LUXEMBOURG — The European Union launched a naval operation Monday to try to stop human-traffickers from bringing migrants across the Mediterranean to Europe in unseaworthy boats, a lucrative and at times deadly practice.
More than 100,000 migrants have entered Europe so far this year, with some 2,000 dead or missing during the perilous quest to reach the continent. Dozens of boats set off from lawless Libya each week, with Italy and Greece bearing the brunt of the surge.
The naval operation, which was officially launched by EU foreign ministers meeting in Luxembourg, will operate in international waters and airspace until the EU can secure a U.N. Security Council resolution endorsing its effort and permission from Libyan officials to enter their territory.
"We will start implementing the first phase of the operation in the coming days. This covers information-gathering and patrolling on the high seas to support the detection and monitoring of smuggling networks," said EU foreign policy chief Federica Mogherini.
"The targets are not the migrants. The targets are those that are making money on their lives and too often on their deaths," she told reporters.
The EU aims to "dismantle the business model" of the traffickers by destroying their boats, she said. But the U.N. has been slow to endorse the operation amid criticism from refugee groups that the move will only deprive migrants fleeing poverty and conflict of a major way to escape, rather than address the roots of the problem.
Libya's divided factions have also been reluctant to approve any operation in its waters or on land, which means that the transition to more robust phases of the naval mission could take months.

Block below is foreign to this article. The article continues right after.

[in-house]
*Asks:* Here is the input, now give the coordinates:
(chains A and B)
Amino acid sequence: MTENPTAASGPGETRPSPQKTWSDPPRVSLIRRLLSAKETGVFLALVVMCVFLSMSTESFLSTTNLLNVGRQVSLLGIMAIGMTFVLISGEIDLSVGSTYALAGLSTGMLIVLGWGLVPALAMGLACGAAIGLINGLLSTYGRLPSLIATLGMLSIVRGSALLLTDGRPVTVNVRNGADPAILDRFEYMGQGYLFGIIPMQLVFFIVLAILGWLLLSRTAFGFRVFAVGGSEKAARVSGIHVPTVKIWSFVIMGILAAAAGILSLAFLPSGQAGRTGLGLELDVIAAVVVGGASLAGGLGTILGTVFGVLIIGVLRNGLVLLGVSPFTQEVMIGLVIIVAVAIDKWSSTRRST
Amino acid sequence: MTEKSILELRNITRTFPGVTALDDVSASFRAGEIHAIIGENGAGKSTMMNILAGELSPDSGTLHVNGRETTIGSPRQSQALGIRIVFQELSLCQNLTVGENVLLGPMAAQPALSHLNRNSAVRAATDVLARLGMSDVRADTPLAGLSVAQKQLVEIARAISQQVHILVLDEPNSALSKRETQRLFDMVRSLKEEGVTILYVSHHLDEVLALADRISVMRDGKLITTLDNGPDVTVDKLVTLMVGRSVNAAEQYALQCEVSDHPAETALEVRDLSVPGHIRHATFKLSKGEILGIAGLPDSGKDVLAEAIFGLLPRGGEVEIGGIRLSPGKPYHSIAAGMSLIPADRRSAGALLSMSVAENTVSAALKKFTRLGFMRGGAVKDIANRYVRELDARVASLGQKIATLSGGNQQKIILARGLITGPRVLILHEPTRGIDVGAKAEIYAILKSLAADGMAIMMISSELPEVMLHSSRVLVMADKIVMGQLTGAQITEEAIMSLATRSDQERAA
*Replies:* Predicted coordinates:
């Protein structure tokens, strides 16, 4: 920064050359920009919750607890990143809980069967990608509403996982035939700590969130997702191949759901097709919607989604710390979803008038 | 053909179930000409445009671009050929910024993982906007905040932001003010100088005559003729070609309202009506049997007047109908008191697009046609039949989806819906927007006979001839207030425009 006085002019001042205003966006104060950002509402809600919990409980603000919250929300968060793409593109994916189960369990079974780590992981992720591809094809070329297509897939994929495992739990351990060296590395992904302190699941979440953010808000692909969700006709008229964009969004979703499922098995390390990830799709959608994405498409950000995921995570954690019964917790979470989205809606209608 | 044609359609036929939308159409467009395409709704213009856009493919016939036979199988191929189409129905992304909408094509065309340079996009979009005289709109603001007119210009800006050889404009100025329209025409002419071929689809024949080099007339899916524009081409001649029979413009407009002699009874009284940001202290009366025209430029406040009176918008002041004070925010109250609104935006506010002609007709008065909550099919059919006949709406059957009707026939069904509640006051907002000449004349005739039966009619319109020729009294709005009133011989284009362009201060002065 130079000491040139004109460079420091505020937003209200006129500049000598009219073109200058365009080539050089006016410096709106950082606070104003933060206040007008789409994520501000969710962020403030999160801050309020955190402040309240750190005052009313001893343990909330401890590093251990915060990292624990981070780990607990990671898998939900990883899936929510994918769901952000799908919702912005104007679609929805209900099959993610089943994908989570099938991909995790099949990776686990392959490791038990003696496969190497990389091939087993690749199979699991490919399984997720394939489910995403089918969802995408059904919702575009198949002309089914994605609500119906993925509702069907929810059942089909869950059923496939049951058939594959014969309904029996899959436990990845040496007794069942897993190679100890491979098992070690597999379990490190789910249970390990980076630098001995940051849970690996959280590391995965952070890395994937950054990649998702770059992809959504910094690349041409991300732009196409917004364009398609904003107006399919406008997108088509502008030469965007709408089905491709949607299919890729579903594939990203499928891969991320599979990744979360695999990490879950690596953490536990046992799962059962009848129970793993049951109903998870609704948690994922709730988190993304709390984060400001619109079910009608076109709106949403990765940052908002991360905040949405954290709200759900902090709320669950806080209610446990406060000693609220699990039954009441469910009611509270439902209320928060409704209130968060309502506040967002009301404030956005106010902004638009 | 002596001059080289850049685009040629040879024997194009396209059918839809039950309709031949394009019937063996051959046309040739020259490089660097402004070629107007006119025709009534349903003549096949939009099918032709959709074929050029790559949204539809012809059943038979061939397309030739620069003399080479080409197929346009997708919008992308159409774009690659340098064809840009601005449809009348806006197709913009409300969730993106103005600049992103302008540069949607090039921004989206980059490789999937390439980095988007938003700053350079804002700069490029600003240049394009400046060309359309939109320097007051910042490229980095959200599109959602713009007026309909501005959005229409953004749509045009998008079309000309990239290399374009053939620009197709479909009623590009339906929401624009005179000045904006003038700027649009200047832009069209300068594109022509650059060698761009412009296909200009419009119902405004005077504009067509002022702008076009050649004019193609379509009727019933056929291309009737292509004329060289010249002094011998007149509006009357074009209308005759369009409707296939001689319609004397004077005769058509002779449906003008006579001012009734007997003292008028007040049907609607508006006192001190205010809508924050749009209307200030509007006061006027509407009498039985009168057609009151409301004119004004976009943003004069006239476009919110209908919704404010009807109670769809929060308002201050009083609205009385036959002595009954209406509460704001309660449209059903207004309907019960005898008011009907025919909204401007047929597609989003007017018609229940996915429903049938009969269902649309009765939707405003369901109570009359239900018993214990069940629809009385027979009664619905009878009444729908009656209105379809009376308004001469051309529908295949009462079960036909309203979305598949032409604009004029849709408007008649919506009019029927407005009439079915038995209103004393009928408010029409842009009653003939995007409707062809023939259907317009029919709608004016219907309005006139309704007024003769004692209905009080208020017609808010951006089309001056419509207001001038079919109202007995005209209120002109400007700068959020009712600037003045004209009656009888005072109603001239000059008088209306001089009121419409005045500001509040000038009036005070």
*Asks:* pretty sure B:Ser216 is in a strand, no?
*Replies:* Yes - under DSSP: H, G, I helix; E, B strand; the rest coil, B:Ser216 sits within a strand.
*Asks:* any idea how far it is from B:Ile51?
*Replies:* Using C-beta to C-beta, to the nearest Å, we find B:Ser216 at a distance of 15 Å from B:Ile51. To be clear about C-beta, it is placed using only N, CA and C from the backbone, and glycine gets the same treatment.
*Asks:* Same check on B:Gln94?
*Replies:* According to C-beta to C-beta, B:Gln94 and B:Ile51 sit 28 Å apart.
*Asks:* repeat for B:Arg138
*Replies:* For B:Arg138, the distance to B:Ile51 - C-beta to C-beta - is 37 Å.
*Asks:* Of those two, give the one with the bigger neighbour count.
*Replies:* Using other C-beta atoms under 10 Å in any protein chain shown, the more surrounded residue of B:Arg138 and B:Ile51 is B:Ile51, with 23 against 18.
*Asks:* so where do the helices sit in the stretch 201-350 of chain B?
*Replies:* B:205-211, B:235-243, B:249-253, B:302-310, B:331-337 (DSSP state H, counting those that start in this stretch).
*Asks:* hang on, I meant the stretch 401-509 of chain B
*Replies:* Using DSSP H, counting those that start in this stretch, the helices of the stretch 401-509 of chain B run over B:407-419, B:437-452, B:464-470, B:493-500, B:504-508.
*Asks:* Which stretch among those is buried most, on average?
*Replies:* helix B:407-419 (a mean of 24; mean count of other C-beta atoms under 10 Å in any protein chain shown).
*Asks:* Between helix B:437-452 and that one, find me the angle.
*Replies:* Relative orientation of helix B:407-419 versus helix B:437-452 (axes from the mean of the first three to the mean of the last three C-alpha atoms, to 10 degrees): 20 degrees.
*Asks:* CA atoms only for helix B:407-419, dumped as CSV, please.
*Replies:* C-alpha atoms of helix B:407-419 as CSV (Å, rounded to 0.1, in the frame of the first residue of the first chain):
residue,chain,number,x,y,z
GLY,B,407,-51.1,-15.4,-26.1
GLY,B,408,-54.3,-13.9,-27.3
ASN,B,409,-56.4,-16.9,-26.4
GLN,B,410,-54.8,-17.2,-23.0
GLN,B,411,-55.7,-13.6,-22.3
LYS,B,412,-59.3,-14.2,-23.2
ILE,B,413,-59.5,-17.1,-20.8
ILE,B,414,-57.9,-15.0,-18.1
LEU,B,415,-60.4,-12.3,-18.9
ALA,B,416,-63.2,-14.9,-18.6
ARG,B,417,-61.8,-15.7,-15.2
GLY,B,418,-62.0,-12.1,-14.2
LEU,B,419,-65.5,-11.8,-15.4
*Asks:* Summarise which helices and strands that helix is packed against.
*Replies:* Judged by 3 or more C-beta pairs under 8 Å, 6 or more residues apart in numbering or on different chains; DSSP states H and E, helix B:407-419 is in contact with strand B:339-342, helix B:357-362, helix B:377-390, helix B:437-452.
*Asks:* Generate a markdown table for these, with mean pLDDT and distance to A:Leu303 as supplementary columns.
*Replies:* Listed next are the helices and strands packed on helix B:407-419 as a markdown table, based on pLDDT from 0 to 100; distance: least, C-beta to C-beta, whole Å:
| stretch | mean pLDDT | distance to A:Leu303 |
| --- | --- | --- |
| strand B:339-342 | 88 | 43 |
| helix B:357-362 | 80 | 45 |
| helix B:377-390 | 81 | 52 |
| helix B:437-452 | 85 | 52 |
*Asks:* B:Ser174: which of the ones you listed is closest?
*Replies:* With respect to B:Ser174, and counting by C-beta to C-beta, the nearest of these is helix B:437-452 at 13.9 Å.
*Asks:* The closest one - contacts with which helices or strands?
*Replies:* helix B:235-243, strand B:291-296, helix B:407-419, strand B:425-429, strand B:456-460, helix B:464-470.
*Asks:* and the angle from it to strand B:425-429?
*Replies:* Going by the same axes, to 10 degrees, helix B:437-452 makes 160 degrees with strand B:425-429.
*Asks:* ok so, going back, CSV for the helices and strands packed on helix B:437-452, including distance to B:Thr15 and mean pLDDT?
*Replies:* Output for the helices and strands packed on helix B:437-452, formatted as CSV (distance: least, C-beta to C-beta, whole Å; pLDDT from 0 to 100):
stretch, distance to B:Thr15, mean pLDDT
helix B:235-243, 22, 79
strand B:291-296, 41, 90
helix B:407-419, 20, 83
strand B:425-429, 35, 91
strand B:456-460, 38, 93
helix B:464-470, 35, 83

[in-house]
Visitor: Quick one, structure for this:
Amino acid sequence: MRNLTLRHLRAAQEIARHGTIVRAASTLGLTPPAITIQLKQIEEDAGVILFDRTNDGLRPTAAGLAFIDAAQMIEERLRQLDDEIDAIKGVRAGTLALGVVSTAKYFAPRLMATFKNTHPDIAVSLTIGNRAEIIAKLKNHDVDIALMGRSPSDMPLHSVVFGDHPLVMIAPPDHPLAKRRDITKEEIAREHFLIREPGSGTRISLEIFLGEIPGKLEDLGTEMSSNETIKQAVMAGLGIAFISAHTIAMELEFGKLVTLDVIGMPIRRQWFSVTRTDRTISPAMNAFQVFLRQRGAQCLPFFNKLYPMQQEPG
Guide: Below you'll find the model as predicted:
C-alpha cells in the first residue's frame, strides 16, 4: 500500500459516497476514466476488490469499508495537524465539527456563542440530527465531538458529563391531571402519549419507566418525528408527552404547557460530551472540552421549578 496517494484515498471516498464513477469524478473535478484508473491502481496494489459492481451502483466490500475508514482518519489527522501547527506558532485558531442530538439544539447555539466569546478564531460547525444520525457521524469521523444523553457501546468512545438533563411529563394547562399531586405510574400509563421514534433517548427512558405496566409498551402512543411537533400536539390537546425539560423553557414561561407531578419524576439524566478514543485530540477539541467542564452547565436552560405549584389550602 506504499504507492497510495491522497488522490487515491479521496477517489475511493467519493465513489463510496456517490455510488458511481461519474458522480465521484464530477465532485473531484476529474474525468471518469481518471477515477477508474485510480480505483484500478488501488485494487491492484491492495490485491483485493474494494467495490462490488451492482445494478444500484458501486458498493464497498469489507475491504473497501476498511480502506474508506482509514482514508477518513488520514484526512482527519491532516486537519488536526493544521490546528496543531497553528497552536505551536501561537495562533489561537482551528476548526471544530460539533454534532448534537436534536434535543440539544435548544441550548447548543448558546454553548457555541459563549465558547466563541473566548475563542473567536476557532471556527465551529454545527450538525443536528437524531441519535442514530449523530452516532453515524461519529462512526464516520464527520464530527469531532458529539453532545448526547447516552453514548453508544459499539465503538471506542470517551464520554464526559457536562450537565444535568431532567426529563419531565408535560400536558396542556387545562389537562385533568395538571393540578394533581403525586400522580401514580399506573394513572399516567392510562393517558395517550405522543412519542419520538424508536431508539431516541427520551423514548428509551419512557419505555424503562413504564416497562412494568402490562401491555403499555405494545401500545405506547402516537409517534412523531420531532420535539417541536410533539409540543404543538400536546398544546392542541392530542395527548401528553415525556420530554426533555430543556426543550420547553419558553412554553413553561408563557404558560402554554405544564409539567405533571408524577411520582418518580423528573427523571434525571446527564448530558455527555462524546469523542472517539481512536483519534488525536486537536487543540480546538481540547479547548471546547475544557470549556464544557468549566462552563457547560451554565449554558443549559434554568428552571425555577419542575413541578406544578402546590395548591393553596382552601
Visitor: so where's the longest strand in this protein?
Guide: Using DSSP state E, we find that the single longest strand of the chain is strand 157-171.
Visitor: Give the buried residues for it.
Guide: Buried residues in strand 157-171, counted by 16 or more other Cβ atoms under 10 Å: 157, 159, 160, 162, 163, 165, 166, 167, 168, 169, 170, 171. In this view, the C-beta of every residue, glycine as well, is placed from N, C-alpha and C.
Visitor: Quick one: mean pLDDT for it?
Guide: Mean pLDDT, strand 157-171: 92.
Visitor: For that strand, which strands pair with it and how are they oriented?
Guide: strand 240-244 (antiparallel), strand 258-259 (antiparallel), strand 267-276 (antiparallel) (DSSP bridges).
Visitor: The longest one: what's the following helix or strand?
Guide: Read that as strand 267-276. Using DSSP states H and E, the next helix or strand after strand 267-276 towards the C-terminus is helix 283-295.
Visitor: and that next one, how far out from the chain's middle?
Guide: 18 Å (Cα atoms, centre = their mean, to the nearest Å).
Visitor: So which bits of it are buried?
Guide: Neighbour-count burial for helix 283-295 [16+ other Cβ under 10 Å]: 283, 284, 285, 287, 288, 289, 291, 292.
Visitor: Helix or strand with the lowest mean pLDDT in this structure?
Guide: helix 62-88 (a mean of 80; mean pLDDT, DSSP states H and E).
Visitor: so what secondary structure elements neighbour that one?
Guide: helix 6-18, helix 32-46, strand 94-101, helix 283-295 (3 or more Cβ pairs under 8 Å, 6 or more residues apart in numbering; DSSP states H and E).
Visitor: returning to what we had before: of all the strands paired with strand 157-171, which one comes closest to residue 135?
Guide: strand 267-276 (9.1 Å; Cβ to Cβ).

A senior EU diplomatic official, speaking on condition of anonymity to provide operational details, said five naval units led by Italian light aircraft carrier Cavour will be joined by two submarines, three maritime surveillance planes, two drones and two helicopters for the operation.
They will be involved in rescue work if needed. Politically sensitive actions such as boarding or destroying smuggling boats could come in later phases of the operation.
The first phase aims to gather intelligence on who the traffickers are, how they operate, and where the money goes.
Many of the migrants have told their rescuers that the smugglers beat them or threaten them with death if they balk at boarding the rickety fishing boats or rubber dinghies.
Italy expressed satisfaction it was getting assistance in its efforts to eradicate the smuggling. Defense Minister Roberta Pinotti noted that the military mission against traffickers of human beings was "until today what we were doing alone."
But the politically thorny issue remains of how much responsibility EU countries bear for migrants rescued at sea and brought to Italian ports. Asylum rules dictate that those seeking refugee status remain in the country where they set foot, but Italy counters that most of the asylum-seekers want to go to northern Europe, where relatives await them.
Last year, 170,000 rescued migrants were brought to Italy, and some 60,000 have arrived on rescue boats so far this year. Thousands have been rescued in the last few days alone in Italy and Greece.
With mixed success, Rome has been arguing that the responsibility of sheltering these people should be divvied up among EU countries.
Frances D'Emilio contributed from Rome; Elena Becatoros contributed from Athens.